Maybe you have a site with challenging geological features, and you’re trying to figure out which remediation approach can handle all of them. Or perhaps you have a client who is on a tight schedule and needs to treat a source zone and develop the site in a short amount of time?
What many consultants don’t realize about thermal technologies is that while each individual thermal technology is best suited for specific site conditions, multiple technologies can be used safely on the same project at the same time. In this blog post, I will outline the primary thermal technologies, discuss how they can be used simultaneously, and walk through why your project might benefit from a combined thermal technology approach.
What are the primary thermal technologies?
The three primary thermal treatment technologies are thermal conduction heating (TCH), steam enhanced extraction (SEE) and electrical resistance heating (ERH). Each technology employs a different method to heat the subsurface to the required target temperature to treat contaminants via hydrolysis, volatilization, physical mobilization, destruction or stabilization. Equipment selection and utility consumption varies based on the treatment technology. You can find more information about the contaminants, geology and hydrogeology best suited for each thermal technology by watching our Introduction to In Situ Thermal Remediation (ISTR) Part 1 and Part 2 flash webinar series.
How can thermal technologies be combined?
There are many ways to combine thermal technologies on a single project. With the right equipment, multiple thermal technologies can be utilized to treat either in the same area, at different depth intervals, or in different areas of the site. Geological and hydrogeological conditions and contaminant concentrations are big drivers for determining which technologies can be used where, and ultimately when it makes the most sense to utilize a combination of technologies.
For example: If TCH is selected as the primary treatment technology for a low-permeability site, select areas of the treatment zone with higher permeability or groundwater flux can be targeted with SEE to enhance treatment in these areas. ERH can also be combined with other technologies as long as the infrastructure of the other ISTR treatment technologies are electrically isolated from the ERH system, or is installed within an area of the site that has sufficient distance from or a resistive barrier between it and the other conductive wells.
What are the benefits of combining thermal technologies?
Combining thermal technologies can often be the most efficient way to achieve your treatment goals. The benefits of combining thermal technologies include, but are not limited to:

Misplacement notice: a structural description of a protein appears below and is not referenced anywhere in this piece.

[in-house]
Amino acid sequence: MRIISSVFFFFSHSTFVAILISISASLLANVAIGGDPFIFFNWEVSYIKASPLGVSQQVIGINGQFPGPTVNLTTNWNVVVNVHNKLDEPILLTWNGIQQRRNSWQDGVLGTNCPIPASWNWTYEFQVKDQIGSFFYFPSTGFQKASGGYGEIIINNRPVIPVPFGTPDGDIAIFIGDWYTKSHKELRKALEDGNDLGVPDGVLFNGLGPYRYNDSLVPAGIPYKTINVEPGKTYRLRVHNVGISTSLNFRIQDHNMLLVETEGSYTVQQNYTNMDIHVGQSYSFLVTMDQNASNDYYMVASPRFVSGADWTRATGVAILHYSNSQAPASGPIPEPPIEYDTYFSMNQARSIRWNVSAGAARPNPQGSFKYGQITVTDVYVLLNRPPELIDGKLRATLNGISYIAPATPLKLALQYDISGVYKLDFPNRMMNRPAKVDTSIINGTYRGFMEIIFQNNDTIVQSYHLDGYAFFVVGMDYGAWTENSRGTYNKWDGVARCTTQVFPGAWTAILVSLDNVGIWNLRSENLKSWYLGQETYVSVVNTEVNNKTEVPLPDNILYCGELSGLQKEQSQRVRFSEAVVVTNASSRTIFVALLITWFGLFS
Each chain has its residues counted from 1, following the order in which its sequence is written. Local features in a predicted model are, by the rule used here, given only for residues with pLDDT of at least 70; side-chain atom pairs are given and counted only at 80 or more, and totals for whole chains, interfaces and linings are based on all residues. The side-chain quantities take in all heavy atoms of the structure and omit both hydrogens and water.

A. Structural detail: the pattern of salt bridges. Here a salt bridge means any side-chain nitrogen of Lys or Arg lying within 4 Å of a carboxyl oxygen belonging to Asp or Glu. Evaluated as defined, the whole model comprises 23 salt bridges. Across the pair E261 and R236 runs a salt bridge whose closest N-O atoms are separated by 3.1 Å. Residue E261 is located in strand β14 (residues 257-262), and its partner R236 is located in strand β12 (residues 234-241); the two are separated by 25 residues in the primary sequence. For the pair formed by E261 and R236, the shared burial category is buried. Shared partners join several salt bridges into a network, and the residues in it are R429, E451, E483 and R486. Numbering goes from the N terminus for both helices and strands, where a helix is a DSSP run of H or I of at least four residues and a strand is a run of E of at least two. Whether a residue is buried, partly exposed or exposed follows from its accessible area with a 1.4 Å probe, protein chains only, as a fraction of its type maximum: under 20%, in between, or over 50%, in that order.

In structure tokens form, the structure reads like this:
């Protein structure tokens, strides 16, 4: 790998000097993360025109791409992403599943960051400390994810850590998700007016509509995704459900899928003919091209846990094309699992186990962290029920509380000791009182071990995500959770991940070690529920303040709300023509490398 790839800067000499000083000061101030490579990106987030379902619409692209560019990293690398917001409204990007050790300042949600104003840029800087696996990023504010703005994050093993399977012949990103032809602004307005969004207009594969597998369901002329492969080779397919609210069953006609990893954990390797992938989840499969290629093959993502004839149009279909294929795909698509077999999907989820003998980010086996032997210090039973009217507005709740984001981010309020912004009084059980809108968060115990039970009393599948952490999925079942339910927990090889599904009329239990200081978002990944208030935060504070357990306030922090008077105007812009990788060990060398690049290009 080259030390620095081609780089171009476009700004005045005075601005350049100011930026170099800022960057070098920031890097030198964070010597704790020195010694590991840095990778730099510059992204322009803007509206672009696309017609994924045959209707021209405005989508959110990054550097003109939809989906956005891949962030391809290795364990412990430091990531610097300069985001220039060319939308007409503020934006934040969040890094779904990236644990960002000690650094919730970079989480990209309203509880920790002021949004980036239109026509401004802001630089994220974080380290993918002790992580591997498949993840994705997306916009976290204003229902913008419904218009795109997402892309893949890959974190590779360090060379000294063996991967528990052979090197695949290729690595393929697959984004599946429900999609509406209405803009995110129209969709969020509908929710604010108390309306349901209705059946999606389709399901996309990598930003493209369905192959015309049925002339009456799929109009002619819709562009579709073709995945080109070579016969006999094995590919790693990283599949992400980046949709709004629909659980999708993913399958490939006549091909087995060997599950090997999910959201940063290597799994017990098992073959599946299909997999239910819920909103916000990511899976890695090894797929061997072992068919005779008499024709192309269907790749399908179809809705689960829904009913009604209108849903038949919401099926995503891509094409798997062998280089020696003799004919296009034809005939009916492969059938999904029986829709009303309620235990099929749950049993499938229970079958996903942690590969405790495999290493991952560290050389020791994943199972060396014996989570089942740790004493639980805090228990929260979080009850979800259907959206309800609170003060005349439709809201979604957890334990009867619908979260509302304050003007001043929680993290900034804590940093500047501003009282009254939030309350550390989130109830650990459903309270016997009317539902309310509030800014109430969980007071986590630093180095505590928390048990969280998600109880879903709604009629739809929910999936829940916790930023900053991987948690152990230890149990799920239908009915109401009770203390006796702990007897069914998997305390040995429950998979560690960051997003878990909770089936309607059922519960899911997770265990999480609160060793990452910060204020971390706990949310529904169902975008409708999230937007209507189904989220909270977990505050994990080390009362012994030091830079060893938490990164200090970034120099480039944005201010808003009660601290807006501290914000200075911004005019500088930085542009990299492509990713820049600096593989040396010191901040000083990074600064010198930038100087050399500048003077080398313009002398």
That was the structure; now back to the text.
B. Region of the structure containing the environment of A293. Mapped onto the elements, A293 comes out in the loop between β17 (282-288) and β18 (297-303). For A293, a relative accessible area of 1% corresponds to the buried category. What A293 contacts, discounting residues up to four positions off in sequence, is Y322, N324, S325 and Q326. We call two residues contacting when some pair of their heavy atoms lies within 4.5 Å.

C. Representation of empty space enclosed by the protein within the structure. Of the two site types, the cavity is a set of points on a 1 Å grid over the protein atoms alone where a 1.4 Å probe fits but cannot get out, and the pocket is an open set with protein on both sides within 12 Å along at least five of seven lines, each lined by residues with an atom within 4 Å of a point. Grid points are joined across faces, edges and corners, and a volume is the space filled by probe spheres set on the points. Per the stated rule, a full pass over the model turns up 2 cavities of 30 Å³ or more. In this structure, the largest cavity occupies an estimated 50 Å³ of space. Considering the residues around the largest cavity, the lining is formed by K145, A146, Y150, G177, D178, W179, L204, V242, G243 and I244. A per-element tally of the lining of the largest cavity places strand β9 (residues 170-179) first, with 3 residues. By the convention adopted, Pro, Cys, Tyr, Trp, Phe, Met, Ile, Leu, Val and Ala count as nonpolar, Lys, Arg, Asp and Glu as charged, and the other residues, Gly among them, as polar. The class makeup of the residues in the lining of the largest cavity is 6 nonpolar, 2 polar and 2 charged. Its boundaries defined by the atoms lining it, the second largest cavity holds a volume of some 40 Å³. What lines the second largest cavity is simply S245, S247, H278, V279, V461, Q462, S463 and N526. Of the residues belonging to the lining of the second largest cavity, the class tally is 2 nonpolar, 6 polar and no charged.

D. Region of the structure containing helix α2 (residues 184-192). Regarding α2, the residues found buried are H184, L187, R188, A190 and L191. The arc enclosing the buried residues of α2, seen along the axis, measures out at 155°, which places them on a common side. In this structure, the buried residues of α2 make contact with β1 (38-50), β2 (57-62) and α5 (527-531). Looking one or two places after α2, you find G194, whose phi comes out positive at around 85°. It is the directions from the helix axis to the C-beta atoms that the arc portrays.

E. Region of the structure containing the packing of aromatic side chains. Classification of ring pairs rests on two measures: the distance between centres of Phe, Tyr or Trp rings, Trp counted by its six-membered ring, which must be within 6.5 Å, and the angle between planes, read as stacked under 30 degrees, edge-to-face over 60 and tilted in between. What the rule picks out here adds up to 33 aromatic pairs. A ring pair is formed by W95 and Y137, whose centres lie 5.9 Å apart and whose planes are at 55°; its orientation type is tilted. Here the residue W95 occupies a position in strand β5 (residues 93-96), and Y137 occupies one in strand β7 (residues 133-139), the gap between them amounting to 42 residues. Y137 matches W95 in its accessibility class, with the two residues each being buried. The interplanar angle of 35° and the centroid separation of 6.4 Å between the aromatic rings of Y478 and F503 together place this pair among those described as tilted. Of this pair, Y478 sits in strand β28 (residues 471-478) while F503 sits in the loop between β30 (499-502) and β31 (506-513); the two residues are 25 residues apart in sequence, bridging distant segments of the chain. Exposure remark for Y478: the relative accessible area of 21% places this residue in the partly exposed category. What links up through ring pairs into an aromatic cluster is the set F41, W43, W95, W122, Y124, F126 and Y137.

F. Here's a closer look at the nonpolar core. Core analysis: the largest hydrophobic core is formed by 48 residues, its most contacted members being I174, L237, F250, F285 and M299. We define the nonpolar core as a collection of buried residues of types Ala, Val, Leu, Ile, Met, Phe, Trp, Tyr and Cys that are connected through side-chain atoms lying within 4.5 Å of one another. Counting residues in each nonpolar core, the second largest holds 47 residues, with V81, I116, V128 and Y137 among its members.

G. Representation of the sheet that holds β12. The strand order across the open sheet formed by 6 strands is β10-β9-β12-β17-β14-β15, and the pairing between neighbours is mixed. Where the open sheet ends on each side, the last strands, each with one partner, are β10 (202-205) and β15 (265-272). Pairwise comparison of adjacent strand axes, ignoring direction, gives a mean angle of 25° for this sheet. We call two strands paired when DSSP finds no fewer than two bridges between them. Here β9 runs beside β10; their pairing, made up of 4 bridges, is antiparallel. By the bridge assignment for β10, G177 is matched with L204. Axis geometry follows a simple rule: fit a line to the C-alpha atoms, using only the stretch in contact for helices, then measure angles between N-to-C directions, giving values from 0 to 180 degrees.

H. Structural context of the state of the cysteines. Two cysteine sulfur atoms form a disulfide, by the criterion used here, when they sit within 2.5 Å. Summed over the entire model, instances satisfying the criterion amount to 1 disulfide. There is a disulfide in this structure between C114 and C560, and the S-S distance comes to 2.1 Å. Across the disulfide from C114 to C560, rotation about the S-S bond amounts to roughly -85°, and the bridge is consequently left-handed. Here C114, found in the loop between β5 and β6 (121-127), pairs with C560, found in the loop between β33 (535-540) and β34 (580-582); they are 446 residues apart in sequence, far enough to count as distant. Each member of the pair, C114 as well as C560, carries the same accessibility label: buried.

- Minimizing costs associated with multiple mobilizations to treat various areas or depth intervals
- Eliminating extra treatment time required if multiple technologies were installed and executed sequentially
- Utilizing the best suited and most cost-effective technology for each zone which improves treatment efficiency as opposed to utilizing one technology for an entire site
Combined technology case study
Our client had an active manufacturing facility in Florida with chlorinated volatile organic compound (CVOC) contamination below the building. A high-permeability groundwater flow zone was located between two low-permeability zones, and the high groundwater flux and associated cooling prevented the selected ISTR technology, TCH, from properly heating the high-permeability zone. SEE is an ideal ISTR technology for the high-flowing zone but would not have been able to heat the low-permeability zones above and below; therefore, a combined ISTR approach was selected. The design included 413 TCH heater wells and 40 SEE wells to treat the combined high and low-permeability zones. Our team was ultimately able to remove 4,800 lbs of contaminants in the challenging geology below an existing building, that otherwise would not have been able to be removed without taking the building down. The ISTR system operated for eight months.
Combining different thermal and remediation technologies isn’t always necessary, but if you’re facing difficult geological conditions or demanding site goals it’s an approach you should consider.
Let us know if you have an upcoming project you think may be suited for combining thermal technologies, or if you simply want to learn more about how it works.
Nikole Huard is a Chemical Engineer and is one of the lead Project Engineers at TerraTherm. During the 7 years she has worked at TerraTherm, she has been designing thermal systems, managing operational data from the field, writing technical work plans and reports, collecting field samples, and coordinating engineering and field efforts during the design,…